Get Exposure to ESG and an Emerging Markets Comeback

The expectation of lower interest rates could continue to push the dollar lower, bringing emerging markets (EM) investors back to the space. This should bring additional growth factors into EM, making them even more attractive.

That said, all eyes will remain fixed on the Federal Reserve. And that’s specifically regarding how it continues to tailor monetary policy to fit the macroeconomic environment. As Institutional Asset Manager noted, if the Fed is successful in guiding the U.S. economy to a soft landing and stave off a recession, it could prove beneficial to emerging markets in the form of increased manufacturing.

“We are becoming increasingly excited by the prospects for emerging markets in 2024,” said Charles Jillings, portfolio manager of Utilico Emerging Markets Trust. “Whilst some emerging market countries have already marginally reduced interest rates, further cuts are likely to come in 2024 as real rates in the majority of emerging markets are now typically positive, inflationary pressures are under control and these markets are becoming more robust to external shocks.”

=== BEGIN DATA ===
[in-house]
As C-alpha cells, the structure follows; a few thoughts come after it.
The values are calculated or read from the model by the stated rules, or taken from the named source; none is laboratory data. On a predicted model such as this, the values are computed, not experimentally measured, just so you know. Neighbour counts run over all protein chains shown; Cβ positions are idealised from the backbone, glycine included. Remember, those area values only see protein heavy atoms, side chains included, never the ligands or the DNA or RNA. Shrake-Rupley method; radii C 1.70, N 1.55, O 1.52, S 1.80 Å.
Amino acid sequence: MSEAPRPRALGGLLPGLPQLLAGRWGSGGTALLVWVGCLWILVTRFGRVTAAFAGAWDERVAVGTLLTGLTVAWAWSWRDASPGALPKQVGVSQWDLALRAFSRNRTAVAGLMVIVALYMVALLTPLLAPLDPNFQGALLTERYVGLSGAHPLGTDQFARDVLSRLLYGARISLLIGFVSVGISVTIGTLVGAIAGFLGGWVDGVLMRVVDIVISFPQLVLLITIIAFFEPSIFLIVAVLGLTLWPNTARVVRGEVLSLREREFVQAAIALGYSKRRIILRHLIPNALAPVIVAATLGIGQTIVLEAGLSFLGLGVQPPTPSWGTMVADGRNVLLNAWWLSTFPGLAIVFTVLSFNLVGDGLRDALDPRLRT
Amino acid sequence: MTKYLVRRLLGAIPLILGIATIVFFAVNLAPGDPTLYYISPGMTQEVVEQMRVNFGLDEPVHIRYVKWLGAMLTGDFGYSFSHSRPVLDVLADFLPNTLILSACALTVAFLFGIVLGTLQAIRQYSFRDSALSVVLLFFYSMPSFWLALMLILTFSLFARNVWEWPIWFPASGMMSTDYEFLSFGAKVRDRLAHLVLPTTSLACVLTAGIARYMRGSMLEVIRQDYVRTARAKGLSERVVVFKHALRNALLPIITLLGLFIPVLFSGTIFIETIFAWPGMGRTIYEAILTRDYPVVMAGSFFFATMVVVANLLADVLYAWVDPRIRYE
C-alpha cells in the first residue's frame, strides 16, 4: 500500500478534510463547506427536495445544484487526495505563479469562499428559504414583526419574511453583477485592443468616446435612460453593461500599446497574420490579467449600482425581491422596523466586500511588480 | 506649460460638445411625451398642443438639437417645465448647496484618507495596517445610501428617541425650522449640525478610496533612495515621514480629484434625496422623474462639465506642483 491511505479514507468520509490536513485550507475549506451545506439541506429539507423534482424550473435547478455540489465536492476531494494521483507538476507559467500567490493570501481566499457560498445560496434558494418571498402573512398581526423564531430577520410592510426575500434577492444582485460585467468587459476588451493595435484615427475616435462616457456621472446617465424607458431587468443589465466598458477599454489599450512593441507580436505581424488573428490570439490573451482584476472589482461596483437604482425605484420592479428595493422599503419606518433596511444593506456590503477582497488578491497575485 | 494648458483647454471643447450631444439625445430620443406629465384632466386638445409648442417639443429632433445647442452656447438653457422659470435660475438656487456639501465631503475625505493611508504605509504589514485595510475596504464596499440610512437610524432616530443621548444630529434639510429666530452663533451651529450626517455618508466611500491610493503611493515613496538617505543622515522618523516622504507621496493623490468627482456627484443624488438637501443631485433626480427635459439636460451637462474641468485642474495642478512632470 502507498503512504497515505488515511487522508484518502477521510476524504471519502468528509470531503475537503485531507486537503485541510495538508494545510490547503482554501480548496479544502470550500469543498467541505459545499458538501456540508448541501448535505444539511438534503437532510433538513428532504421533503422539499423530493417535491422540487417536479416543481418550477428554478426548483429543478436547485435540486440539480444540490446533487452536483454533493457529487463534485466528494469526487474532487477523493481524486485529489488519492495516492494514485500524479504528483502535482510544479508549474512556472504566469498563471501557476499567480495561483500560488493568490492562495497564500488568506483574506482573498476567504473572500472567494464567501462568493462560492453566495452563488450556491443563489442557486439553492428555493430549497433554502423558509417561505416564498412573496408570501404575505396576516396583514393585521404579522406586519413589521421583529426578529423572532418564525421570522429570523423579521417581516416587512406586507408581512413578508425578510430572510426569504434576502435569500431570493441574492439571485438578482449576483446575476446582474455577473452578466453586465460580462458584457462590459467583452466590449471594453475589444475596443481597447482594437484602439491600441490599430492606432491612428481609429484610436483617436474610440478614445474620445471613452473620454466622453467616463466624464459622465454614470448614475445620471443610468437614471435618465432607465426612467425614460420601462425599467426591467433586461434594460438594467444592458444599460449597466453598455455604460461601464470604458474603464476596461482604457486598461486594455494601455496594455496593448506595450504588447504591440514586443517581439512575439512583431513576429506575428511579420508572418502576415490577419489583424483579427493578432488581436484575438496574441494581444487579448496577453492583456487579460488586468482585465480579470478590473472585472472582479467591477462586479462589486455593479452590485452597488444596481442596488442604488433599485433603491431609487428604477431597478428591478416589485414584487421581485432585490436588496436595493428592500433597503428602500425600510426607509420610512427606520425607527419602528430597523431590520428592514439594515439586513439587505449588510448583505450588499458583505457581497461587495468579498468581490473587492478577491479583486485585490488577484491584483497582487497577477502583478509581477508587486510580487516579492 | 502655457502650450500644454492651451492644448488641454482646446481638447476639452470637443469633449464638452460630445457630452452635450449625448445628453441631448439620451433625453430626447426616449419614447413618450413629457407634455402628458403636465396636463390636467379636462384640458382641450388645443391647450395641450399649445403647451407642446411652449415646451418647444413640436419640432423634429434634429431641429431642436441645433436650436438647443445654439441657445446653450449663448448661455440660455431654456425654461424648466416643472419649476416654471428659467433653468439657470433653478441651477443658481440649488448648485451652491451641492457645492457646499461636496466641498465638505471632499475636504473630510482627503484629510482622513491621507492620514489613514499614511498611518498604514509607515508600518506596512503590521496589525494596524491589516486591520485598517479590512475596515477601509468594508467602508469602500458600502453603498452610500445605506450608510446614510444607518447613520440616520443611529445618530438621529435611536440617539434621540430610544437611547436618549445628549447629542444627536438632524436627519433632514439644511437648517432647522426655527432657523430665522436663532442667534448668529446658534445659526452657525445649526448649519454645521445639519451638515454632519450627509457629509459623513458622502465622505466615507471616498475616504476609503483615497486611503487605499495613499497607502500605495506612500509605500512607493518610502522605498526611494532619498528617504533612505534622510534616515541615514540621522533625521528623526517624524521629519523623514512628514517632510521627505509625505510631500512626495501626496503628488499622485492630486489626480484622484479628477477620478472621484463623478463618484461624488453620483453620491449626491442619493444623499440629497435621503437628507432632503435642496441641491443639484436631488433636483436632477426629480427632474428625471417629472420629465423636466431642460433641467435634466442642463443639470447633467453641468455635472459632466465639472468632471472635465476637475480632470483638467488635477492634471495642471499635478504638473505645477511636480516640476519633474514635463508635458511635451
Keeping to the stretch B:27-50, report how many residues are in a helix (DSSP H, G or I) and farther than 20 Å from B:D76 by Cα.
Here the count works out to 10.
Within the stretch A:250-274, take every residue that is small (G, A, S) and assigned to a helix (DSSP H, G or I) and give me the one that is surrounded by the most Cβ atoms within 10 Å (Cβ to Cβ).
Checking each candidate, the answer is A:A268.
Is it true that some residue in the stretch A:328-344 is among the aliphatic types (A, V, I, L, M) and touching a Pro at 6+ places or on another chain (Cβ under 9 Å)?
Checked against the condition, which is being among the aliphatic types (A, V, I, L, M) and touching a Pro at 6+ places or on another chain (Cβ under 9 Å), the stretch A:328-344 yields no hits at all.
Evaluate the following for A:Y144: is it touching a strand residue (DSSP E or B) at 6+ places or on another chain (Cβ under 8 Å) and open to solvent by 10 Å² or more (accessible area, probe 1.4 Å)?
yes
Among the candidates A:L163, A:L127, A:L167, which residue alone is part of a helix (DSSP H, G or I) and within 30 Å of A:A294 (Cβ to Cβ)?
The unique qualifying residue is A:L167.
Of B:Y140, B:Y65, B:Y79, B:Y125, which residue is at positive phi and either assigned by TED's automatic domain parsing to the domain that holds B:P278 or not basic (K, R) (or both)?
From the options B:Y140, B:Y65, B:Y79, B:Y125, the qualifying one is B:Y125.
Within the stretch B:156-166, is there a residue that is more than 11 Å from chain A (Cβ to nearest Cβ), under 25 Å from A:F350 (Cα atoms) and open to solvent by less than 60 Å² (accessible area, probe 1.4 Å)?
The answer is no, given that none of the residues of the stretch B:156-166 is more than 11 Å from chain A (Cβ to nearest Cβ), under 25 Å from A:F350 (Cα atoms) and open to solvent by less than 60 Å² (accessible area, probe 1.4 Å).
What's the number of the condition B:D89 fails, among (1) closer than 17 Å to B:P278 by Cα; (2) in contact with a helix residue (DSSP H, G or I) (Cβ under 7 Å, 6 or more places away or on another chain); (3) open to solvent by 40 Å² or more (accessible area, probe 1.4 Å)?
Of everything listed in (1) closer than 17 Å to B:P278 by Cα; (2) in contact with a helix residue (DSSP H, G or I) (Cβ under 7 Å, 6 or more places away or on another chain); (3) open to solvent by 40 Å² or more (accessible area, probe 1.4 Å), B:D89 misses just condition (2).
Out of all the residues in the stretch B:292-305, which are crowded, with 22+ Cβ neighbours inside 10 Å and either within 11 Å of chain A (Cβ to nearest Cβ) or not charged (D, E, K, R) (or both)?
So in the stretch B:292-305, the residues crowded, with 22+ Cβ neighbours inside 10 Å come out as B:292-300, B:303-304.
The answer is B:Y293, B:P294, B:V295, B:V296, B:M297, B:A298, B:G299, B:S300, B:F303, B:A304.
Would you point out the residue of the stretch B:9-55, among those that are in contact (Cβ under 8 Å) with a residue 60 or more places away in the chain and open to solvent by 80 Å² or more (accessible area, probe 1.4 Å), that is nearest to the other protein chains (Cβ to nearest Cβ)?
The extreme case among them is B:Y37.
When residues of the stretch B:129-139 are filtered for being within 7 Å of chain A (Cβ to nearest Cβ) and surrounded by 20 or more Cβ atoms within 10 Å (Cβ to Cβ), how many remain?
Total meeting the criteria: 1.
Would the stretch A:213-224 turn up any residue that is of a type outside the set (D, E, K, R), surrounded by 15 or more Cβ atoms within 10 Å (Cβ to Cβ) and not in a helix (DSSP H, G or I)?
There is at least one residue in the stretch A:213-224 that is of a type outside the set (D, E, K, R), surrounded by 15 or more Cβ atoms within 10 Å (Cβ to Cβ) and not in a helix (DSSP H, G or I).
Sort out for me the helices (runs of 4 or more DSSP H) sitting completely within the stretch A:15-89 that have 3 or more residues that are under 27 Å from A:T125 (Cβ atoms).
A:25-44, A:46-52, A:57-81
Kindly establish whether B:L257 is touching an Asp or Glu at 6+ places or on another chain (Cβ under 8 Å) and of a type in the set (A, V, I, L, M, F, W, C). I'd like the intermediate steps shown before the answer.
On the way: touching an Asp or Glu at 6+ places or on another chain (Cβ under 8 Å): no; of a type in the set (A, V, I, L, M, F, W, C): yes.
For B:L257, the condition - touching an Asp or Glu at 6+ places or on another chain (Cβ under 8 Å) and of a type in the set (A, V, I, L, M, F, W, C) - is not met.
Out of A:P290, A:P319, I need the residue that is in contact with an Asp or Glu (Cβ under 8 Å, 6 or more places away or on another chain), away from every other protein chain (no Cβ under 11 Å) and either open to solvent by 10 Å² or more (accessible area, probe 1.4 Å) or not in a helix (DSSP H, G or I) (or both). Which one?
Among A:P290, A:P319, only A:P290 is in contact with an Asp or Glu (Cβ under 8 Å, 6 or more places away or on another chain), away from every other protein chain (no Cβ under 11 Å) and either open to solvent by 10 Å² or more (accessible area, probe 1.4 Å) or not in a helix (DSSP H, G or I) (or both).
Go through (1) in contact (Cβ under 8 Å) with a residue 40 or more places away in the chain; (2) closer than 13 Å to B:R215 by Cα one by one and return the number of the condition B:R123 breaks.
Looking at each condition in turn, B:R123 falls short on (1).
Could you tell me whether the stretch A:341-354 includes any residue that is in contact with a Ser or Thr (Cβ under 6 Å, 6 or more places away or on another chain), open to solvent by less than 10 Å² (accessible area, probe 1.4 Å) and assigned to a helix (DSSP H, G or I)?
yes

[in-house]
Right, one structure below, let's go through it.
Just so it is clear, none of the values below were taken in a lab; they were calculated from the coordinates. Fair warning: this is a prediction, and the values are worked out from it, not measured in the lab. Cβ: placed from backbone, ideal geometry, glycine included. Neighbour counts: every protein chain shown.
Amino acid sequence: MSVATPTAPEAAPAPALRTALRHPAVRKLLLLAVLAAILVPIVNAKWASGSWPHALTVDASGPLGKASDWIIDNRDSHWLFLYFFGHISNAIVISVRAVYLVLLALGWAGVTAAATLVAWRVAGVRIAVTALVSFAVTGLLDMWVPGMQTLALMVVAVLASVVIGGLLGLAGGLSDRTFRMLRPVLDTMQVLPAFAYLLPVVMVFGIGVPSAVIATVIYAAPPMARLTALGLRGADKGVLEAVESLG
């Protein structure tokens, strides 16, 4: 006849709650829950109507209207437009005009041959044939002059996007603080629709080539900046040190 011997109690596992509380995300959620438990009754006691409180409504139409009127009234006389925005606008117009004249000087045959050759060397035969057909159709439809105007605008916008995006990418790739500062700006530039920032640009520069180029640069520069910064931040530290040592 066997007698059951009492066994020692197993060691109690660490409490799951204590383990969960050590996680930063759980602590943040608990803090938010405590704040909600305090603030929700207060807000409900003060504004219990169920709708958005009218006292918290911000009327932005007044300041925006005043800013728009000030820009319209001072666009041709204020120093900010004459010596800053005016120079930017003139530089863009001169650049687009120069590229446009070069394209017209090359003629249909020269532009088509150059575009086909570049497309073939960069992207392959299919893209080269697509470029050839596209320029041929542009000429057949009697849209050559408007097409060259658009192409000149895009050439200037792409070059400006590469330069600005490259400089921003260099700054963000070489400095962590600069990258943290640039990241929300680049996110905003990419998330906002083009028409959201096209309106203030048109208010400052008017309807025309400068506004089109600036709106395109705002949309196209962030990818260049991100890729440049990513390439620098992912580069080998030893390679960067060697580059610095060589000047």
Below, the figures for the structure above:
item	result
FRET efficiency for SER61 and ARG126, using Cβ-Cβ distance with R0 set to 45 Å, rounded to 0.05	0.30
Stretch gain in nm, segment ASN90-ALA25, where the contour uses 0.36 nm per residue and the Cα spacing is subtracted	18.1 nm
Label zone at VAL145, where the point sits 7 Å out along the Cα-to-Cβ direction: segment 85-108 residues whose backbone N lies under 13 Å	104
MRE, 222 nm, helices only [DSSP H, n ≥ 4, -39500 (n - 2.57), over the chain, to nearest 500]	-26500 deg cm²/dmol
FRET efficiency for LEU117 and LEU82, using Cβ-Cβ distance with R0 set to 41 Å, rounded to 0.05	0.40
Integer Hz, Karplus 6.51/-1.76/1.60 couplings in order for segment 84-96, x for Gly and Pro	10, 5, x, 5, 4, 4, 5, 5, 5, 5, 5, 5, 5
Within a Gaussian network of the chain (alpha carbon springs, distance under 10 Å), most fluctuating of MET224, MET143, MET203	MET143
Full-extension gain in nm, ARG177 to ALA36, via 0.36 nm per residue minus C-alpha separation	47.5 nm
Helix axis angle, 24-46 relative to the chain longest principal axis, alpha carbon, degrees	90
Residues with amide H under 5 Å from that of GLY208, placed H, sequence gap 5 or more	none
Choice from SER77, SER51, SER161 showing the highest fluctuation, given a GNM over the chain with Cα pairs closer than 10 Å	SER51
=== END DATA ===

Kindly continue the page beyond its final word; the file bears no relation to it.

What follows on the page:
“With falling inflation and a weaker US dollar, emerging markets should be in a position to take full advantage of the global upswing in manufacturing activity that is anticipated to happen later in 2024 and into 2025,” he added.

Get Emerging Markets and ESG Exposure

There are a number of ways to get exposure to EM given its future upside. But investors may also want a more discerning screener that incorporates an ESG component. That said, they can consider using the Avantis Responsible Emerging Markets Equity ETF (AVSE).

AVSE draws from over 2,300 equities, making it deeply diversified. One notable feature of AVSE is its focus on value by looking at a company’s future profitability prospects relative to its price.

The fund “invests in a broad set of companies of all market capitalizations across emerging market countries and is designed to increase expected returns by overweighting securities believed to be trading at lower valuations with higher profitability ratios,” according to its product website. Furthermore, it adds another layer to screen out companies that comply with its ESG focus.

It “[l]imits the investable universe of companies by screening out those that raise concerns based on the team’s evaluation of multiple Environmental, Social and Governance (ESG) metrics and pursues the benefits associated with indexing but with the ability to add value by making investment decisions using information based on proprietary evaluations,” the product website added.

Additionally, its cost effectiveness is apparent in its 0.33% expense ratio. As such, in current times, where inflation is high and cost effectiveness is top-of-mind, AVSE is an ideal solution.

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